Rotor magnets should arrive in the next couple days, so will finally be able order the rotor plates after verifying the magnets are not magnetized along their 30mm length. Intend to wind every tooth/pole of the stator identically with both ends of the winding exposed on the perimeter of the motor so the electrical termination can be easily modified by a few wires on the exterior of the motor. Finally sat down to work out winding/termination patterns to make the 10 pole rotor spin in the 8 pole stator with consistent step size and probably going with either X-terminated 4-phase or 2-independent-phases like the bipolar stepper it once was. They are functionally equivalent and can use the same switching sequence, so really only question is "do I want all current through a single common point/connection for potentially finer step control, or split it in two for slightly lower chance of burning out a winding?" Or just go with lower torque 8-phase unipolar stepper for cheapest controller (8 low-side N-FETs)? One unipolar arrangement permits control as three or four adjacent/consecutive poles always powered and turning on/off in simple sequence spinning in same direction as rotor, which is super easy to control but results in highly unbalanced forces on rotor/bearings.
Last edited by tician; 07-21-2016 at 03:45 PM.
This is the worst part of the SF Bay area for that, unfortunately.would much rather move the house than the tree
I'd love to have a lot big enough where that would be possible
The tree probably isn't super old -- there's no "cathedral" around it, and Sequoias grow very quickly.
I bet it was fresh when the house was built, in '46.
Wasn't really thinking "move the house elsewhere in the lot"...
If I ever had the funds (I can dream), after removing this house I would use the existing sub-grade foundation/basement walls as a simple retaining wall and build a new steel framed house within the old footprint suspended from two reinforced concrete piles down to bedrock spaced along the long axis of the house. No more worrying about flooding or significant infiltration of radon gas into the living space, and can easily adjust the height of the house on the piles to keep it level. Current house is quite large, but nearly half of the house's area is the basement that is unlivable storage space with really high radon levels and occasional flooding because the exterior was never properly sealed, the weeping tile is largely ineffective, and the basement slab is barely a foot above the sediment filled former creek bed. Old slab and foundation from the garage, mudroom, and laundry room section of the current house would get a new disconnected garage, workshop, and utility control center. Prefer to have everything contained under a large, slightly arched, heavy steel green roof on several more piles just outside the existing foundation to keep things cooler (and pretty well protected from the occasional tornado, falling tree, and heavy snow) and have wire ropes or chains hanging along much of the perimeter to be colonized by native wisteria to form a living wall from ground level to green roof.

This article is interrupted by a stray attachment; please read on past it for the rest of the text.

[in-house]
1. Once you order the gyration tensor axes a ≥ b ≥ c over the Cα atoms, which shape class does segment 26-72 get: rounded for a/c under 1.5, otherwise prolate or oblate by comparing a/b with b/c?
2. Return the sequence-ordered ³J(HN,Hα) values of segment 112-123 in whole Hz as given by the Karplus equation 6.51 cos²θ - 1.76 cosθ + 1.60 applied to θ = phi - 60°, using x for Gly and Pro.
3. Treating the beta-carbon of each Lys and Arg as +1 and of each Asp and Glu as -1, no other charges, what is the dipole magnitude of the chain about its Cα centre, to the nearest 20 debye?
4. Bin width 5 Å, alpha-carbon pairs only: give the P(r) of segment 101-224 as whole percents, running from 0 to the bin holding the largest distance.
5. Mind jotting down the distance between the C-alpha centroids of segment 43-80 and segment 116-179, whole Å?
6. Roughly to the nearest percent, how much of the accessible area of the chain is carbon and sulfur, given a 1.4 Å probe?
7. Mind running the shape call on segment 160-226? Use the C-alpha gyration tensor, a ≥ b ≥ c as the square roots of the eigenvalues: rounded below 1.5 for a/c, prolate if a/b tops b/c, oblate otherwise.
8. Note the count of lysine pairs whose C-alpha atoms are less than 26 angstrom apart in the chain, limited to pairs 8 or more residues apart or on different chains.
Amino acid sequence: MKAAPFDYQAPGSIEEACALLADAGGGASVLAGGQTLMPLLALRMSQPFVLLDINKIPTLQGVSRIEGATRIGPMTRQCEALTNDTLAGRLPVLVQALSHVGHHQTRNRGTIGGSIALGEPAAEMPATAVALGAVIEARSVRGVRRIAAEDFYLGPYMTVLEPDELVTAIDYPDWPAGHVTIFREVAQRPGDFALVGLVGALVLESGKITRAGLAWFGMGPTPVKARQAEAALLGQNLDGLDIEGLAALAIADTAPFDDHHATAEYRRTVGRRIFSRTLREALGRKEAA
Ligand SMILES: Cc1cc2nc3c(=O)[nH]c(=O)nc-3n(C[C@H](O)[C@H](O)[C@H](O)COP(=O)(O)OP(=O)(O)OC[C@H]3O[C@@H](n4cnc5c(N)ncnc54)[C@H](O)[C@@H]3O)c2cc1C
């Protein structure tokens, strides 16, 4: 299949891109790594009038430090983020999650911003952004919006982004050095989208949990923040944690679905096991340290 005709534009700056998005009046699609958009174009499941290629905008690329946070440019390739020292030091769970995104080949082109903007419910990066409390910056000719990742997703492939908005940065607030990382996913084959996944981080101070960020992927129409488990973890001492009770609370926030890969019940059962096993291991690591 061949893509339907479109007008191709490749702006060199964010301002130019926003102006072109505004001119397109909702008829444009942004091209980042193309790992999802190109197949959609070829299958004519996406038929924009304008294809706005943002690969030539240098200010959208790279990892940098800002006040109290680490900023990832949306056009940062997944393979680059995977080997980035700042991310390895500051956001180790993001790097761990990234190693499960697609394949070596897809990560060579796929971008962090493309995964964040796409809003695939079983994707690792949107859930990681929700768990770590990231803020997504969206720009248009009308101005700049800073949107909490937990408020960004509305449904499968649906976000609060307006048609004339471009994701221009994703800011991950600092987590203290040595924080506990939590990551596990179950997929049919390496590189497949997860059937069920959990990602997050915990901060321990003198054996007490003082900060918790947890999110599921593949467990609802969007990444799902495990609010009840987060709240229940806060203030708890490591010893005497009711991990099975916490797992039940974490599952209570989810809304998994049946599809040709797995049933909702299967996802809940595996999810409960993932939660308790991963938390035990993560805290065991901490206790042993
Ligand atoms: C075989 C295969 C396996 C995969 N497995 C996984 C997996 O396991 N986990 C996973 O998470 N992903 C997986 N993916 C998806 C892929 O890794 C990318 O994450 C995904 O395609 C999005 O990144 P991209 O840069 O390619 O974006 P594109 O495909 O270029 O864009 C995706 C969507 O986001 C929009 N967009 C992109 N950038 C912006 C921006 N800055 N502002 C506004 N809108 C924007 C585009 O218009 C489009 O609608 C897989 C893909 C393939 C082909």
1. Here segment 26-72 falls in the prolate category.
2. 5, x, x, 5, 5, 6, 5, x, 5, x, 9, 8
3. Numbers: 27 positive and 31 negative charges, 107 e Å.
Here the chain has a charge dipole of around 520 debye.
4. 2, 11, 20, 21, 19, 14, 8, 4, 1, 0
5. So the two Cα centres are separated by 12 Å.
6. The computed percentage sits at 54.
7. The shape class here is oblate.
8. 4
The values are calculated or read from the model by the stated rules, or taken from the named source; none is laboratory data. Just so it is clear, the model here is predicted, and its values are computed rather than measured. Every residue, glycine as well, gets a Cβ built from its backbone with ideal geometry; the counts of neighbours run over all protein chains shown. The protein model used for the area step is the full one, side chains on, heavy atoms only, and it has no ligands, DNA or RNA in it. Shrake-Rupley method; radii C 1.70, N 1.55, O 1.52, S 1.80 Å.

Magnets arrived today and are indeed magnetized through the 3mm thickness, so do not have to start over searching for magnets to use in the rotor. Actual dimensions of the 30mm x 5mm x 3mm magnets are 29.12mm x 2.66mm x 4.66mm, so more room for adhesive in the cutouts of the rotor plates than I was anticipating which is not a horrible thing. Probably two weeks before I get the plates since I did not bother to add any rush to the order and not paying for prime.
Got the rotor plates today since it took way less than 8 days to cut out a single P1 sheet of 3mm clear acrylic. Some very cool patterns in the scraps that I'll probably put to use with edge lighting somewhere. Wishing I had made the shaft cutout closer to 8mm. I was going for ~7mm to then tap for M8 since I have M8 threaded rod and thought I had an M8 tap (kit only actually has M3 to M7; doh!), but arrived with 7.08mm ID so could have gotten very close to 8mm for the proper shafts that should arrive tomorrow without any additional work... Oh, well. Going to grind some of the 8mm shaft to make a reamer since there is quite a bit more than needed for the motors (two 8mm x 300mm shafts intended for use with recirculating ball linear bearings in 3D printers).
Also going to try cold/warm forging some scrap copper wire into the strips I need to wind the motor instead of buying and cutting copper sheet. Have a spool of cheap PVC insulated solid wire in the 22~24AWG range that I will likely never use for anything, and some salvaged wire in the 16~18AWG range (from fluorescent fixture and ballasts) that could be used for experimenting instead of taking straight to the recycle center. Also have some decent 14/2 cable that could be used if necessary, but rather save that for actual household needs.
Hoping to pop by harbor freight sometime this week to pick up a 20 ton bottle jack to use to try to fix the basement door frame then eventually turn into a big press with the addition of quite a bit of steel. Might also pick up a bigger heat gun since the heaterizer is insufficient to get 3mm PMMA to its glass transition temperature in a timely manner. Probably first try the alternative: draw out the specific areas I want the PMMA to bend on a piece of MDF and put down some ceramic tape insulation and cheap nichrome wire sealed between kapton to make heater strips. Wanted to have these transparent planters built and hanging in the nearly-floor-to-ceiling windows so long ago (a literal hanging garden, not just terraces), but keep getting distracted and/or procrastinating. Still not sure what these plants are called, but really need to reclaim the shelf of the unit they currently occupy.
Acrylic doesn't wear very well, and if you try anything tighter than a slip fit, you'll quickly get cracking.Got the rotor plates today since it took way less than 8 days to cut out a single P1 sheet of 3mm clear acrylic
You may already know this, but it sounds like you're trying to use the acrylic for rotating wear parts? Or is this just for encoders?
Hmm. I think I have 300 feet of 12/3 laying somewhere since 2007... I wonder if that's worth anything today?Also have some decent 14/2 cable